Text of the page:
The COVID-19 Pandemic & More: The opportune time to build resiliencySep 12, 2022
The Colorado COVID-19 update in brief: hospitalizations are once again at a plateau, albeit lower than July’s levels, and test positivity and case numbers are trending downwards. Last week’s COVID-19 hospitalization count was 187, lower than 195 the prior week, and close to 184 for the last week of August. Nationally, the epidemic curve continues downward, and globally, a variant of concern that will interrupt the current lull has yet to emerge. Epidemic influenza has not arrived.
The lull offers a time to build resiliency. We need to be prepared for the next rise in the COVID-19 epidemic curve and for the next pandemic when another threatening infectious agent emerges. There is much that could be done, but I am not confident that the many needs surfaced by the COVID-19 pandemic will be addressed. As one example, I previously wrote about the report from the National Academies committee that I chaired, on the topic of providing respiratory protection for the nation, including the general public and workers not currently covered by the Occupational Safety and Health Administration (OSHA). The report received little attention when released and follow-up dissemination activities have not gained traction. Yet, the nation and the states did poorly in providing respiratory protection devices to many high-risk worker groups and to the U.S. population as SARS-CoV-2 arrived in 2020. We still lack devices that can be used by all segments of the population—children, the elderly, and people with facial hair, for example.
Children are back in schools. Have we taken steps to reduce transmission of airborne infection in schools? Potential measures include assuring that the heating, ventilating, and air-conditioning (HVAC) units in schools are functioning optimally; adding filtration of small particles; and possibly using ultraviolet-C radiation. Assuring that HVAC systems are functioning is critical and increasing air exchange is beneficial. Enhancing air quality in schools is central in the White House plan for a safe start of the school year. Funds are available in the American Recovery Act for that purpose, but much of the money remains unspent.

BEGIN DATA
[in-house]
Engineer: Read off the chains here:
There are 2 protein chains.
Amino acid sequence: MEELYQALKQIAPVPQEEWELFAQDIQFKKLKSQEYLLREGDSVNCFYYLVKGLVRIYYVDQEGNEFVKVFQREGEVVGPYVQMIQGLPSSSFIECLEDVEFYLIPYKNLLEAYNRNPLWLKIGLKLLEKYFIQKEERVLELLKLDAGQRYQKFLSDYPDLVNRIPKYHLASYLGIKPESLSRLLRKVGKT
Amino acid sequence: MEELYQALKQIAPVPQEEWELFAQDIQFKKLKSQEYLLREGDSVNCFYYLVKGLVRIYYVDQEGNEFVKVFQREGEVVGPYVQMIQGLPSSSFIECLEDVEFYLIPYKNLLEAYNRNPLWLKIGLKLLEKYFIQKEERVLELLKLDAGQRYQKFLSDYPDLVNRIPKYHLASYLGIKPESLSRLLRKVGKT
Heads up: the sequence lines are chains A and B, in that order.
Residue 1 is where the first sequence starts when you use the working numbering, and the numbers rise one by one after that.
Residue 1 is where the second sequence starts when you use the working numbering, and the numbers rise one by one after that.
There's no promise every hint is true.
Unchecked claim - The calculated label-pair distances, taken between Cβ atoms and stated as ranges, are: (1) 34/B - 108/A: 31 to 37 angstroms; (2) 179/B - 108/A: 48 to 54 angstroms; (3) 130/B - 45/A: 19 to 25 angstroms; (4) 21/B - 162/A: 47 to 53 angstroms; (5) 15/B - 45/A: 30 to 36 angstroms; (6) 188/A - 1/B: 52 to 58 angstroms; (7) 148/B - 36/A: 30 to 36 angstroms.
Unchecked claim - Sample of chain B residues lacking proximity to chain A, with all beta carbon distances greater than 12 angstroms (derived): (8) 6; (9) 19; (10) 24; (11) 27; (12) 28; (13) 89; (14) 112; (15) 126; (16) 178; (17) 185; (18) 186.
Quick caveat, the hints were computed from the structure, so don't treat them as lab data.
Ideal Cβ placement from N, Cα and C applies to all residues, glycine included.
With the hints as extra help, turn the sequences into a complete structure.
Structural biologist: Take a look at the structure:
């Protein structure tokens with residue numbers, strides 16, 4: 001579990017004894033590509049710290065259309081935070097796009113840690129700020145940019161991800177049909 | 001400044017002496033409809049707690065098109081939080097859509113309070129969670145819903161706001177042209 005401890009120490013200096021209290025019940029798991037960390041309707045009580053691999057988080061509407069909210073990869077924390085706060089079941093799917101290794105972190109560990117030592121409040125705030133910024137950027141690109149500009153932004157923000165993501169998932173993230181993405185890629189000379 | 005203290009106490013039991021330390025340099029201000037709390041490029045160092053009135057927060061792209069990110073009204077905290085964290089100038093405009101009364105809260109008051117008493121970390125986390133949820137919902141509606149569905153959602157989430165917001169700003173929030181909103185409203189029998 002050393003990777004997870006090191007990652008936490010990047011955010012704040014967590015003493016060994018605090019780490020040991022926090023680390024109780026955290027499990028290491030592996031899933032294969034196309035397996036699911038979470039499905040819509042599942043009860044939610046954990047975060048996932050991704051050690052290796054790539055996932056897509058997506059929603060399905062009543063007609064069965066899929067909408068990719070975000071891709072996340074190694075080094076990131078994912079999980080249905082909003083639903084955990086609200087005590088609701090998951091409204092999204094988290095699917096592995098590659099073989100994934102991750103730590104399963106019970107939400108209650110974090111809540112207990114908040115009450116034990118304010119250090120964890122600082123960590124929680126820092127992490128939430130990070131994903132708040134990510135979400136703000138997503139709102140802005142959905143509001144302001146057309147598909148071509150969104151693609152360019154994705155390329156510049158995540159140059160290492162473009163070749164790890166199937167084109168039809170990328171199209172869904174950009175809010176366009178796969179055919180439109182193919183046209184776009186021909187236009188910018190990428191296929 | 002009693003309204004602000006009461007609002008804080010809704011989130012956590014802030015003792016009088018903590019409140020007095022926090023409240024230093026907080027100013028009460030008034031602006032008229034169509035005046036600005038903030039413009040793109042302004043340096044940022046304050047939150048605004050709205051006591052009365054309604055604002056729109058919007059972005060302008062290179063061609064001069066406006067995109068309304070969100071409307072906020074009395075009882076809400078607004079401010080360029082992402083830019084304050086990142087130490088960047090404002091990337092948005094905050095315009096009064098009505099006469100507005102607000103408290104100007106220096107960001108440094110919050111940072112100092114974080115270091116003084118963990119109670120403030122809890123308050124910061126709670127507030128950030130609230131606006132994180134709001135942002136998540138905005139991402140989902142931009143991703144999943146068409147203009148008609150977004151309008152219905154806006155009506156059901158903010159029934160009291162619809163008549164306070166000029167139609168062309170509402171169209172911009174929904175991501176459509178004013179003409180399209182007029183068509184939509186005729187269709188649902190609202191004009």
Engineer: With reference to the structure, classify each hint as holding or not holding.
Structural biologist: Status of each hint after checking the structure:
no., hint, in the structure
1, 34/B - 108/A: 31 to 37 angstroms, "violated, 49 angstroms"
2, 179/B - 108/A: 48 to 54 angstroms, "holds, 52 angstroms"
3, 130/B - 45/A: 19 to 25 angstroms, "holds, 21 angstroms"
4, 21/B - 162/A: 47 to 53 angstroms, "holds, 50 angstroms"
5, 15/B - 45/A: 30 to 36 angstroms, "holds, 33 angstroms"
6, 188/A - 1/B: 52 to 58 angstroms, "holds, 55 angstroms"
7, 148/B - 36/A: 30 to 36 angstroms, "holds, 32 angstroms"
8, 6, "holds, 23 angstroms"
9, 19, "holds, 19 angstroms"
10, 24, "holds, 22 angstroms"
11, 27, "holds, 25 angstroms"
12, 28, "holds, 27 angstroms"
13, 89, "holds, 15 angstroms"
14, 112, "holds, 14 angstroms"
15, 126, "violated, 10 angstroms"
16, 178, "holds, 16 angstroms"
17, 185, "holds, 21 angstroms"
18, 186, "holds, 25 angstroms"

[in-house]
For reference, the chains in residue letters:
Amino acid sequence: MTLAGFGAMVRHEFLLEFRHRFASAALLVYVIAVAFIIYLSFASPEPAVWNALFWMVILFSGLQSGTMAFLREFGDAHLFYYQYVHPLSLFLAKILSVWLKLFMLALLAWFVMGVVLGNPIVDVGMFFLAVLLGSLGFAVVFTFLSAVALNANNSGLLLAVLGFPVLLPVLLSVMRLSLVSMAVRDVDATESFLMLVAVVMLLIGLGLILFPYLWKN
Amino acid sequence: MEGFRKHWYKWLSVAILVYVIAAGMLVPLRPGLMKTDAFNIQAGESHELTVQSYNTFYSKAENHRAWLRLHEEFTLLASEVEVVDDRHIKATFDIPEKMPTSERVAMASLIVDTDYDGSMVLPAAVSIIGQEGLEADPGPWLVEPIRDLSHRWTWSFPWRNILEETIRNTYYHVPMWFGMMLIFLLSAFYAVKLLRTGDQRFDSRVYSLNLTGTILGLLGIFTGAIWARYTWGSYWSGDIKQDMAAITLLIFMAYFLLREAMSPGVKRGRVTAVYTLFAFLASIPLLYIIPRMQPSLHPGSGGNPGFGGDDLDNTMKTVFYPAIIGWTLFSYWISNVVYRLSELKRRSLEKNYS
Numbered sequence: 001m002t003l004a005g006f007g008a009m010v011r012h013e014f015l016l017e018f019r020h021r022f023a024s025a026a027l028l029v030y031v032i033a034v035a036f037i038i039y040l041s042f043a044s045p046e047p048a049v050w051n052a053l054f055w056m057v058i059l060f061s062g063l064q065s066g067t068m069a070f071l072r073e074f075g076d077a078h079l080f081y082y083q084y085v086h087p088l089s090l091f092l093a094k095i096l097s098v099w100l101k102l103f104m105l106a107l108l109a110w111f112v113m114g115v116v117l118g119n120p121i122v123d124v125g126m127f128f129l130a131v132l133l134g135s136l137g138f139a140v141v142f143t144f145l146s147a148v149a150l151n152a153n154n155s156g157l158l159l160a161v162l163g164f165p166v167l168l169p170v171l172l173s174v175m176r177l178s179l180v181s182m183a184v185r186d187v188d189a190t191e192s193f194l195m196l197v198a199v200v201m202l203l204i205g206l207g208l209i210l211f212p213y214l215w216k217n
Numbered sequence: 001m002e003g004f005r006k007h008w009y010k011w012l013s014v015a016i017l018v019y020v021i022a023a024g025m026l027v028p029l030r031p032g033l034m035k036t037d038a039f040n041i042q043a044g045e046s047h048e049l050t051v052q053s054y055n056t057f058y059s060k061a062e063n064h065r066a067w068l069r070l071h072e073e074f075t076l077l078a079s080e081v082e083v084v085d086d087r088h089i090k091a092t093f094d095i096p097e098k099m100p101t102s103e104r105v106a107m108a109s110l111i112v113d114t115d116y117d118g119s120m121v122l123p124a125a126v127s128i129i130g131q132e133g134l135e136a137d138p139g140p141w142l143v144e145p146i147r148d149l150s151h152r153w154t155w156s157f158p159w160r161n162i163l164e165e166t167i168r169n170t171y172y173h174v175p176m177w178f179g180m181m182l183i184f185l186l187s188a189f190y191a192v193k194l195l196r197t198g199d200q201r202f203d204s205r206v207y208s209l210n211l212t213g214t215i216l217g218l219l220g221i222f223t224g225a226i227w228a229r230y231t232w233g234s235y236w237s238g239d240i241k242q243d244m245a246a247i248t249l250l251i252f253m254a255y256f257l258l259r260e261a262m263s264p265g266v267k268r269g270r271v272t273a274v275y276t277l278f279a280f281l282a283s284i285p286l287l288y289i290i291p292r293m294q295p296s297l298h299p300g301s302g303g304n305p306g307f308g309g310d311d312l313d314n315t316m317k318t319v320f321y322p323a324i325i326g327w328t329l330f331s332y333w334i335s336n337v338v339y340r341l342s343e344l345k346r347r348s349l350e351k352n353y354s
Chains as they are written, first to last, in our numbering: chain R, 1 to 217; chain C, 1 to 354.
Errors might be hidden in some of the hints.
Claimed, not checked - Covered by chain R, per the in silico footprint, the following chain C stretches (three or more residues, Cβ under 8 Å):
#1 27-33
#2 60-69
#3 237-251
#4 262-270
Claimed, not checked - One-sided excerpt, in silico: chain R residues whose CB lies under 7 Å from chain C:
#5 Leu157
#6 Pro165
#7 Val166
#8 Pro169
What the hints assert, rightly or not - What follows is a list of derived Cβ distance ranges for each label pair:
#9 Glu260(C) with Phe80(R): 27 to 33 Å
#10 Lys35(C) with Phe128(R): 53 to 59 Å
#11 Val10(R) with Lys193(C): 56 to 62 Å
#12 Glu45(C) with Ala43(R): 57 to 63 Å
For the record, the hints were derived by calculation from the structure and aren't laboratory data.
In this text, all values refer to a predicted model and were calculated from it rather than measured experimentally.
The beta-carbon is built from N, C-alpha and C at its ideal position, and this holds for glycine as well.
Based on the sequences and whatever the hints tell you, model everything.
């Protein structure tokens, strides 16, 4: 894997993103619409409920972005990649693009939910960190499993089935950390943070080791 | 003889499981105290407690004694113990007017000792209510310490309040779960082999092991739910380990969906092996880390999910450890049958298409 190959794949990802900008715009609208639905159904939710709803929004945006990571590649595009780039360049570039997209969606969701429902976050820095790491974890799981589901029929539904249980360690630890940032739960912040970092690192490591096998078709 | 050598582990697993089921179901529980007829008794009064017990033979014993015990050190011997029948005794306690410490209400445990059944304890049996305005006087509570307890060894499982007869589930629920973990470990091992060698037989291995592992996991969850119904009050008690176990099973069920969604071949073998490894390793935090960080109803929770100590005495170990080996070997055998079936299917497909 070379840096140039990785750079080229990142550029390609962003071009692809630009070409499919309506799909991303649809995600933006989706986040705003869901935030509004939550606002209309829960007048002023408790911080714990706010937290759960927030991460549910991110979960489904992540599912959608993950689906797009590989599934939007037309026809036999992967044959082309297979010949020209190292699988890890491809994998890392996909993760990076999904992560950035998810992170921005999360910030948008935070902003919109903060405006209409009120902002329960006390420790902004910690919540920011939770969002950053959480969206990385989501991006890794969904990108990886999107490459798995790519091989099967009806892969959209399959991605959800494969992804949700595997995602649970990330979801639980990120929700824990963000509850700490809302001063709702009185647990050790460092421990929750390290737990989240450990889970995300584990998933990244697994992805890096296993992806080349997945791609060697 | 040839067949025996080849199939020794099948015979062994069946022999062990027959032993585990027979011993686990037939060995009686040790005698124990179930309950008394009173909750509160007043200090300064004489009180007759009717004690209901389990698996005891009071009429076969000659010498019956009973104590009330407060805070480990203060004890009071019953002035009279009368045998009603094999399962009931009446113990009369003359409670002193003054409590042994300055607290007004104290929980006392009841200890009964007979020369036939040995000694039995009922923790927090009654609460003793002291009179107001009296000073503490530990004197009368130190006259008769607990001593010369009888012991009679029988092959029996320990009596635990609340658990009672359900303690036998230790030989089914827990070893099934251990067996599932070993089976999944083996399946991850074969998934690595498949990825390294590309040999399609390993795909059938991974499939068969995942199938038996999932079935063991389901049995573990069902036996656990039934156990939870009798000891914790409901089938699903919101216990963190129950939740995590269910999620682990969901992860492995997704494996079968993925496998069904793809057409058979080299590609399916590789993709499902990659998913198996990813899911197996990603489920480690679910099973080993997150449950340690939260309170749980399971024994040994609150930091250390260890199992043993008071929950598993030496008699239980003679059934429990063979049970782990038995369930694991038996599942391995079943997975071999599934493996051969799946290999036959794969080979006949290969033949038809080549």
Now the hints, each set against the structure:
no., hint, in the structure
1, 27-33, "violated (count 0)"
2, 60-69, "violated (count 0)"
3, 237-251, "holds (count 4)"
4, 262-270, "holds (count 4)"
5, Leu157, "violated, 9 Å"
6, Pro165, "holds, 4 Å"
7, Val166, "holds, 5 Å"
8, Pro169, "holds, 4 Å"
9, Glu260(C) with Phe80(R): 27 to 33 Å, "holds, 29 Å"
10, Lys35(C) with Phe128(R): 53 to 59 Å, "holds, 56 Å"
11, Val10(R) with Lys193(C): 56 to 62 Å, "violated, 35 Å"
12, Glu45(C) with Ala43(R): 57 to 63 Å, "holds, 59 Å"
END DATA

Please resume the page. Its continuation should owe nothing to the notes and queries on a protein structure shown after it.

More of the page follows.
Through the Environmental Health Matters Initiative of the National Academies, I am co-chair (with Linsey Marr from Virginia Tech) of a committee organizing a series of workshops on managing the building environment to reduce transmission of airborne pathogens. The first workshop, held last month, covered general advances in knowledge on the topic since the start of the COVID-19 pandemic. The second on September 14 will address schools—reviewing advances in scientific understanding, offering four case studies from school systems, and considering barriers to implementation measures that we know are effective. Register here.
I frequently comment on the intersection of politics and public health. A recent New York Times poll provides insights into the ever-changing context set by political leanings around the pandemic. In the August poll, the gulf between “liberals” and “conservatives” around pandemic-related issues had narrowed, compared with March, on such topics as the perception of the personal risk of COVID-19 and views on in-person K-12 instruction. Additional findings from the survey address views of the handling of the pandemic by the two political parties. Last week, I wrote about the happenings around the elected board at Sarasota General Hospital. Someone brought this story concerning politics and public health and health care in Montana to my attention. Read it with concern.
The Colorado School of Public Health community has read several books together on racism and health equity: Caste: The Origins of Our Discontents by Isabel Wilkerson and The Sum of Us: What Racism Costs Everyone and How We Can Prosper Together by Heather McGhee. As I mentioned last week, Linda Villarosa, author of Under the Skin: The Hidden Toll of Racism on American Lives and the Health of Our Nation, will be making a presentation on the CU Anschutz campus tomorrow, Tuesday, September 13. I just finished the book and urge you to listen to Villarosa’s presentation, which will be available in an in-person format. Like the books read last year, Under the Skin uses a blend of storytelling and data to address the persistent power of racism in driving health disparities affecting Black people. Hear the author and then read the book.
Jonathan Samet, MD, MS
Dean, Colorado School of Public Health